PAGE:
I refuse to volunteer at a show where the club does not allow me to compete with my own dog (unless it is a Specialty show where only one breed is allowed).  If you help me, I'll help you - simple as that.  Going to Kennel Club meetings in the coming months should be very interesting - I will have some very important questions to ask the board and the attending members so that I can make my decision as to whether or not I will join.  :)

Maybe we'll be able to push a little change and get the local club to give mixed breeds some pretty "New Title" ribbons like this one Lilly got in Menominee Falls near Milwaukee.

 So, back to Lilly and how proud I am of her.  Tonight was our first Novice Obedience class at the local kennel club.  I was very curious to see how this was going to go.  I really truly don't care if my dog's heel is slightly off of perfect, and I give Lilly a lot of leeway with obedience because the stuff we do in those classes is so very far from the truly important things in our lives.  I demand my dogs come when called, and wait when told to wait - these things could save their lives.  A straight sit, well, I'm not sure how that could be a life or death situation.  We're there to have fun, and that can be a tough thing for lots of trainers to accept, especially for those who show.  I talk to Lilly incessantly - they REALLY don't like that one - and even ASK her to do things once in a while rather than telling her.  *gasp* 

We walked in a minute or two late because Lilly had not been there in a long while and she had a lot of sniffing to do outside.  Once the class got going the trainer asked me who I was and what classes I had taken before, with just a twang of "are you supposed to be here" in her voice.  I shook it off and made sure to provide her with Lilly's credentials, which seemed to satisfy her.  I have no doubt there will be a few times I'll have to explain to the instructor that I am qualified to make my own decisions regarding what I expect of my dog and what I don't, but over all I think it will be ok.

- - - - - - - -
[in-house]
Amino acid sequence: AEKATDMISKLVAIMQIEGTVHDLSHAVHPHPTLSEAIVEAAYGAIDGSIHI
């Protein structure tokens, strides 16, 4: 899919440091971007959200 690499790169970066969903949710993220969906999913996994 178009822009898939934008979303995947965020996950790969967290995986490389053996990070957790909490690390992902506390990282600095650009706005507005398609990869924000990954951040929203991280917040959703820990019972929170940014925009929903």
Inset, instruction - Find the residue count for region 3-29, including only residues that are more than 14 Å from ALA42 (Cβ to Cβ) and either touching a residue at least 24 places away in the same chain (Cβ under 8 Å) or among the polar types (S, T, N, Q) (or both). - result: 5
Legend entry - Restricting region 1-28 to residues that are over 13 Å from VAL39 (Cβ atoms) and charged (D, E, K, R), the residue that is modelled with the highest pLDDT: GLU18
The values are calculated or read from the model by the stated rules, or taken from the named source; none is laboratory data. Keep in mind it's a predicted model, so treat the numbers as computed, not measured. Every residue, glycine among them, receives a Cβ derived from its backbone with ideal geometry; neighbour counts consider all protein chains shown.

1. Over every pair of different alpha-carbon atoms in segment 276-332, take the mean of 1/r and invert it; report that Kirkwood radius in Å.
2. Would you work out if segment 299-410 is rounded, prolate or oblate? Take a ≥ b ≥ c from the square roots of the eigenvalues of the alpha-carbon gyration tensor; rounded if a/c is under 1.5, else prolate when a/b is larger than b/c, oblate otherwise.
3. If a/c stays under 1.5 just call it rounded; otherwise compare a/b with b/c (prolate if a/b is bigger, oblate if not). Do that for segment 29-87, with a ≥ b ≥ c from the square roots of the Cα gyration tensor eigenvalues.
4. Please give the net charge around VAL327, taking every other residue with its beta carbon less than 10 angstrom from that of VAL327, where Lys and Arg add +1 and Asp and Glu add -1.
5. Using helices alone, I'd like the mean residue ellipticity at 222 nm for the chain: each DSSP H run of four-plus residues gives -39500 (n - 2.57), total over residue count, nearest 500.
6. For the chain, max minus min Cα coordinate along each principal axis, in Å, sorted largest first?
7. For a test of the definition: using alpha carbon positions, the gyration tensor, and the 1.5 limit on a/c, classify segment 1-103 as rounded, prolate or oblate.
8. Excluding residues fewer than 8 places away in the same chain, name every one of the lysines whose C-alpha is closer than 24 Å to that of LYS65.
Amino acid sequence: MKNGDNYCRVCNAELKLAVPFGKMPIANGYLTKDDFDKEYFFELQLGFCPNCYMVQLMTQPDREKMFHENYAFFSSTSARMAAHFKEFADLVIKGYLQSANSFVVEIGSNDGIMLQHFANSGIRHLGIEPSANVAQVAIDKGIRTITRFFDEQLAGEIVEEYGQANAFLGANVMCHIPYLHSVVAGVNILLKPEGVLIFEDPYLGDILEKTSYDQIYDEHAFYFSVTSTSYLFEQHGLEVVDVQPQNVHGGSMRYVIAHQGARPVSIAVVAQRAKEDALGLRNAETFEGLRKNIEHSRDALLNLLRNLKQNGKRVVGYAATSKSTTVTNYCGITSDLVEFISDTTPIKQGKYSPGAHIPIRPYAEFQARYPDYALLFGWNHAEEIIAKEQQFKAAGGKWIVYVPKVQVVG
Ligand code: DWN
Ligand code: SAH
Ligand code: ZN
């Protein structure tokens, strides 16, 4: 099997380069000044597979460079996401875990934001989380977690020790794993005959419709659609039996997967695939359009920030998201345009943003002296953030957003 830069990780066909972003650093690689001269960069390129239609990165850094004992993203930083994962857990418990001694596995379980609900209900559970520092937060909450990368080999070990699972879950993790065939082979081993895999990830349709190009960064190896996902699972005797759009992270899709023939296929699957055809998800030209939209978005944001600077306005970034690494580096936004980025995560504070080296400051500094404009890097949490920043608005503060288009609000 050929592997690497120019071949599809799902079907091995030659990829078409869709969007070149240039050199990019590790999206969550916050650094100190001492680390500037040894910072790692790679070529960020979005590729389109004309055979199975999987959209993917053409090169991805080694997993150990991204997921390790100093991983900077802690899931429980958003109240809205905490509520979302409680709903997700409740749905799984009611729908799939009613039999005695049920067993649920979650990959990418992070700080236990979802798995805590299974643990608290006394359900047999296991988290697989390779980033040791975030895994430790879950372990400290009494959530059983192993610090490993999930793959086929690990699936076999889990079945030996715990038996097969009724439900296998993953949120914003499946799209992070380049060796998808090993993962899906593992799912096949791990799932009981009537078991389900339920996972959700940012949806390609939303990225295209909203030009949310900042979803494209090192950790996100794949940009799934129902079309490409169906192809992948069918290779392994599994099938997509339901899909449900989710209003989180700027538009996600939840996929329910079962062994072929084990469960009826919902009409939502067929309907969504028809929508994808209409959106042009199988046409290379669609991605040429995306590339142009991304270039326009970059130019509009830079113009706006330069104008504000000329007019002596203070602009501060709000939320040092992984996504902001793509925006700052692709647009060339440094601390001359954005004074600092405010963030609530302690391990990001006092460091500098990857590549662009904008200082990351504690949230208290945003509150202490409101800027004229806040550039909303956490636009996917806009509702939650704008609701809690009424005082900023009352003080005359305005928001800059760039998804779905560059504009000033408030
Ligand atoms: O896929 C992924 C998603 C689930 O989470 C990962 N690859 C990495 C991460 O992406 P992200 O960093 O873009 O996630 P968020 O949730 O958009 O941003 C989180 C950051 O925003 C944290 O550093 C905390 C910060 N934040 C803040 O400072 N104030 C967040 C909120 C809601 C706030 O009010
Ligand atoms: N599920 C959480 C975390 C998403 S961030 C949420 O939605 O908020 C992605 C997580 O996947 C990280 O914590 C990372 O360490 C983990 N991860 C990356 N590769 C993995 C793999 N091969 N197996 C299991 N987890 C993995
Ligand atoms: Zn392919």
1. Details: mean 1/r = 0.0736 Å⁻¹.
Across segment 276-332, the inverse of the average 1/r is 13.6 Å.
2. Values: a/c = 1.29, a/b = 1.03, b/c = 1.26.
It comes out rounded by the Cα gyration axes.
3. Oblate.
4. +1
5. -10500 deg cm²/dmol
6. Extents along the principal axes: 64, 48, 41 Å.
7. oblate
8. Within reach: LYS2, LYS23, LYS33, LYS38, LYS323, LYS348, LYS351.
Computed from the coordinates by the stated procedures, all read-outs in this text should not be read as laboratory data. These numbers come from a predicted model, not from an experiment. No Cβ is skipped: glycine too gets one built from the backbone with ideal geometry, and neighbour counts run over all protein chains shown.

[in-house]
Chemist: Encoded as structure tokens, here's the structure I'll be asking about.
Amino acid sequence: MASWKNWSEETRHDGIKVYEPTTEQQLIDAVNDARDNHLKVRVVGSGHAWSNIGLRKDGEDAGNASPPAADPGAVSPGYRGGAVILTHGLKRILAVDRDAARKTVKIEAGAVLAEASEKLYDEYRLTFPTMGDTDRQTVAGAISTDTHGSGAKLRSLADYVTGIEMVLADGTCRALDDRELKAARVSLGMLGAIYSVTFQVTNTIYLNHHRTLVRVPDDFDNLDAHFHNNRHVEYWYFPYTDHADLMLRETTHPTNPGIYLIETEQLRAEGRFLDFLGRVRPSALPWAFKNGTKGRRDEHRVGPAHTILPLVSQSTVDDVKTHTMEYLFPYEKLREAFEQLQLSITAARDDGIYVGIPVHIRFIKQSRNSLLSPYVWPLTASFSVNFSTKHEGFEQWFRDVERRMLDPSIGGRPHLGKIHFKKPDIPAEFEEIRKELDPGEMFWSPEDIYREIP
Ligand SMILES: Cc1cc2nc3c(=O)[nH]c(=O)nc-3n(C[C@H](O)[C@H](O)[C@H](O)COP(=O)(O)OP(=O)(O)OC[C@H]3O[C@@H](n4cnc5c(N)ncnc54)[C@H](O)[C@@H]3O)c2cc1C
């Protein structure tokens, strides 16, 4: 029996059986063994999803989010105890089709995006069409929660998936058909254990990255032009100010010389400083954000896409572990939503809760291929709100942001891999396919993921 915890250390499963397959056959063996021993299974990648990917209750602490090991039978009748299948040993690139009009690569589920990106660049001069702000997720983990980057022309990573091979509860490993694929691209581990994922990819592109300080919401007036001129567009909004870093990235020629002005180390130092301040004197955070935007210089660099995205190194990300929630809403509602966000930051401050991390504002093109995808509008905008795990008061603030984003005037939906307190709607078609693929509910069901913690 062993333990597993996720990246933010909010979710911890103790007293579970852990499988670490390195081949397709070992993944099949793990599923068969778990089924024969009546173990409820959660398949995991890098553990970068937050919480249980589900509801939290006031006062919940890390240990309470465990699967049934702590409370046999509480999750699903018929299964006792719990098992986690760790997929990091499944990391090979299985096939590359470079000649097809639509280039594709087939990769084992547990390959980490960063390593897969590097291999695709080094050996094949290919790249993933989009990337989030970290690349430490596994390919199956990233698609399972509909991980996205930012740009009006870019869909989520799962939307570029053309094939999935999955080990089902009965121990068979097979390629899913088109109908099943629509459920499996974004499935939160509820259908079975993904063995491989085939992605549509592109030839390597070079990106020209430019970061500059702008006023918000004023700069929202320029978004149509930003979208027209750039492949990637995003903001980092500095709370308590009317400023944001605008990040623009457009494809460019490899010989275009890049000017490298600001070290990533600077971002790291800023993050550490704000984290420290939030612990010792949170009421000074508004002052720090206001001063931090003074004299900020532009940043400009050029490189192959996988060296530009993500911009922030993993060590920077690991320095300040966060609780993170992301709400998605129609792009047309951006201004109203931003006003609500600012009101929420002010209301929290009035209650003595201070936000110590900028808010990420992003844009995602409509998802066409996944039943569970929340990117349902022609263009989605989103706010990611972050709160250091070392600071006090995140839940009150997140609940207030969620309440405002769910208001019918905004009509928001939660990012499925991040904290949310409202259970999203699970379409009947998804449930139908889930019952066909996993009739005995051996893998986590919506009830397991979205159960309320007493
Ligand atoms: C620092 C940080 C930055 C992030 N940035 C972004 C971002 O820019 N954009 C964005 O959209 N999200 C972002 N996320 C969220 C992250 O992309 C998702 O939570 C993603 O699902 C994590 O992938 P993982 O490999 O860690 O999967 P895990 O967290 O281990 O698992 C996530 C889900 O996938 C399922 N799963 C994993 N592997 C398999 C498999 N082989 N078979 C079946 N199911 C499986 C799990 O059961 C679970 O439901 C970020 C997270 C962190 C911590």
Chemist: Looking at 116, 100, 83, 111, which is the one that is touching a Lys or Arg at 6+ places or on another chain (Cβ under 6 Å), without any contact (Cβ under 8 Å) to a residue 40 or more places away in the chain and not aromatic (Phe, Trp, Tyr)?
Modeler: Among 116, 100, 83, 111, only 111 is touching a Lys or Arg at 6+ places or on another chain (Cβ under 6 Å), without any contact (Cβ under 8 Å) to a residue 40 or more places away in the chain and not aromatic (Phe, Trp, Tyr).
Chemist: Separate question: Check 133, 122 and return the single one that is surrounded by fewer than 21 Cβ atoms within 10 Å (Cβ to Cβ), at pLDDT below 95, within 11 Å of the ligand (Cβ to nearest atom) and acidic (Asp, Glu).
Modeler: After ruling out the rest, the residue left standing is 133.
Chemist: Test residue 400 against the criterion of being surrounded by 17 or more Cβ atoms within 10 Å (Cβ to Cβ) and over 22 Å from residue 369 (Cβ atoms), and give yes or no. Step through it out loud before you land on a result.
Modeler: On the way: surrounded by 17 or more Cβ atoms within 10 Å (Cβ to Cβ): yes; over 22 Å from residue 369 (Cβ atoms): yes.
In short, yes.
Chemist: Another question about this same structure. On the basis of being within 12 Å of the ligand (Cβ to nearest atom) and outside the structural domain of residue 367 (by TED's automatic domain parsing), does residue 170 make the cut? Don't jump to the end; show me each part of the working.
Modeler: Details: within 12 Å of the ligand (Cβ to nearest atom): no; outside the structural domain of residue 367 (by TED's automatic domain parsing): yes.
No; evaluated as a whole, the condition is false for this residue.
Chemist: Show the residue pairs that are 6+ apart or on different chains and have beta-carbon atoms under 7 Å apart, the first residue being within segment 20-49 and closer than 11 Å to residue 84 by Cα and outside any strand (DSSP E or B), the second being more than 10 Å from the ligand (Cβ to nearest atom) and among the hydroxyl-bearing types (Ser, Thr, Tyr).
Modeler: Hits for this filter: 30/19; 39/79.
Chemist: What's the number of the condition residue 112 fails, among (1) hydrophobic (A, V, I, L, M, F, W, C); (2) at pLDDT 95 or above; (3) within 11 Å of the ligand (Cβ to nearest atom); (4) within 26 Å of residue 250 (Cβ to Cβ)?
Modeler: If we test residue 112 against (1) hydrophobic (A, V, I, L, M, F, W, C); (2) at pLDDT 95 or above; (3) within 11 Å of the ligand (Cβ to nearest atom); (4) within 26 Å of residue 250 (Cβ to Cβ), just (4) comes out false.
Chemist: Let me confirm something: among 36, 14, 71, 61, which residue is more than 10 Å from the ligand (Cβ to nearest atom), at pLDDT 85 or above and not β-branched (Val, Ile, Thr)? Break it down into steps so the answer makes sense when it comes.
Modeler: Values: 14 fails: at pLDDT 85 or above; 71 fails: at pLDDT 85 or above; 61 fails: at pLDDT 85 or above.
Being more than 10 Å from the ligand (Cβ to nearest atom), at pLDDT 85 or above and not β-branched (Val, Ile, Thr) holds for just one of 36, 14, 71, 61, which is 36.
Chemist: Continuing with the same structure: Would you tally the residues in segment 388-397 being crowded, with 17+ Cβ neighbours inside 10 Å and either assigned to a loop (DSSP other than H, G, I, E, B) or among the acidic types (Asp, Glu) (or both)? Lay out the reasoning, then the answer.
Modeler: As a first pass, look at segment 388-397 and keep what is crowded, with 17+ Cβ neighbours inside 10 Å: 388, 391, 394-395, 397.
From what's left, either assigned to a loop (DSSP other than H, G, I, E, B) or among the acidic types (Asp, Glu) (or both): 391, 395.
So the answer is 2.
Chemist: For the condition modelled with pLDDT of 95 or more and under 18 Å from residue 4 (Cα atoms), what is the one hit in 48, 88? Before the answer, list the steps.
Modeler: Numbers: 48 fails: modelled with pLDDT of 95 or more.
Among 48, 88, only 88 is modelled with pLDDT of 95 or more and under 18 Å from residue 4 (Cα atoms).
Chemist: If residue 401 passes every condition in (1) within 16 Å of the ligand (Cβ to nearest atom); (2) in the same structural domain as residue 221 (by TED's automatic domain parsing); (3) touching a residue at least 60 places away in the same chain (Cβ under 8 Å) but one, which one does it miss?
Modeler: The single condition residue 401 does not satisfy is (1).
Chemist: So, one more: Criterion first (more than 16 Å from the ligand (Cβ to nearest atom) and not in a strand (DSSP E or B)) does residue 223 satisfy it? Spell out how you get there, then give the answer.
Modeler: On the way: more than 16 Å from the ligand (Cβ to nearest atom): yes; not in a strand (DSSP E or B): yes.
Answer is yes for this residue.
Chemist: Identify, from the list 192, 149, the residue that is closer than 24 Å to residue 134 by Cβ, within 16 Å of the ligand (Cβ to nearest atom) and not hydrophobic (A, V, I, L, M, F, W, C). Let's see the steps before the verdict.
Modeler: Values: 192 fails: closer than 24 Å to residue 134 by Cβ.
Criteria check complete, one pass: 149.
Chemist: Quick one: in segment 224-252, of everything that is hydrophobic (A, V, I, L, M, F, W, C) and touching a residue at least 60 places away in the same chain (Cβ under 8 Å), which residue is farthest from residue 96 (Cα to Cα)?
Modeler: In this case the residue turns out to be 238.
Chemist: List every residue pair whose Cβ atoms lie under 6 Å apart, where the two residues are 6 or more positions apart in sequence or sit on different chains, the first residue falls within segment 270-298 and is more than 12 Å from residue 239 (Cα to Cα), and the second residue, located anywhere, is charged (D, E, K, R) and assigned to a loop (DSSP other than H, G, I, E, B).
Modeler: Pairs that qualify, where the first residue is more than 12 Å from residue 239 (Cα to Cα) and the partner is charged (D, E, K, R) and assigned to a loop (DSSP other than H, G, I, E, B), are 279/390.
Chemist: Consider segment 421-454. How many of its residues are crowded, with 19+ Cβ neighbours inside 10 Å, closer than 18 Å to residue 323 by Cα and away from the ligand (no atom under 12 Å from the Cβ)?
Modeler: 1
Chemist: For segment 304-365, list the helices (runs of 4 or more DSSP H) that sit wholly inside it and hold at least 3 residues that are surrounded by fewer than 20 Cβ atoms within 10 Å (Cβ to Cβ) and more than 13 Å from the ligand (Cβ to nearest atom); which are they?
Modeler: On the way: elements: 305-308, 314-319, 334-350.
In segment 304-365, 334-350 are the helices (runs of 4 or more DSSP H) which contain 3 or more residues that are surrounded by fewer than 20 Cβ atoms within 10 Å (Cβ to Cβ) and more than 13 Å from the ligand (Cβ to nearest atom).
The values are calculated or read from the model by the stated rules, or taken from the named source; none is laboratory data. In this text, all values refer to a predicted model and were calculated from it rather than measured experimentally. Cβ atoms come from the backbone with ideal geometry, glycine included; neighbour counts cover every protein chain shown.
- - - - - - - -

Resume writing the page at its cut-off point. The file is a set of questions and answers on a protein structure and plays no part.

How did she do?  Amazing!  We did a down/stay with all the handlers walking around the ring and I will admit, I was very afraid she was going to move.  If only people knew how terribly difficult it was for her to stay put with strangers walking up on her from behind.  She didn't budge, not an inch - she watched me carefully and waited patiently for me to return.  I had a handful of cheerios waiting for her in my hand when I did.  She also is doing wonderfully with standing still for the "Stand for Exam" exercise.  Who knows, maybe, just maybe, she's got a CD (Companion Dog) title in her future.  Only if she's up to it, though.  The regular obedience titles are just not as fun as Rally.


  1. I'm so glad that Lilly and you had a very good lesson. What a clever girl she is!
    I'm also sorry to hear about those disappointments that you have towards your kennel, I guess it happens almost everywhere and it just depends on how we deal with it. Glad you have your own principles and you stick with them.

  2. Good for you and Lilly!
    Don't those clubs realize the help and revenue they are missing by not making their events all inclusive. Smacks of elitism to me.
    I'm with you on the whole official obedience thing.
    I have never understood why a dog that is heeling is expected to keep it's head turned and totally focussed on the handler. I could understand it turning and checking in every few seconds, but to keep their head turned like that the whole time is unnatural, hard on the dog, and just doesn't make sense to me. Wouldn't it be better for them to see where they are going?

  3. I think many trainers forget that the world is not made up of Border Collies and Goldens. The more "primitive" breeds, such as Huskies, Sammies, Spitz, various hounds, etc are bred for the value of their ability to think for themselves. It's great when they're leading your sled team, but it makes for a very different style of training. Working with a dog who lives by the law of WIIFM vs a dog who has been bred to follow orders from humans (many sporting/herding breeds) are two VERY different things.
    I don't know about other places, but almost every trainer I know has labs, goldens, or borders so that's where the bulk of their experience is.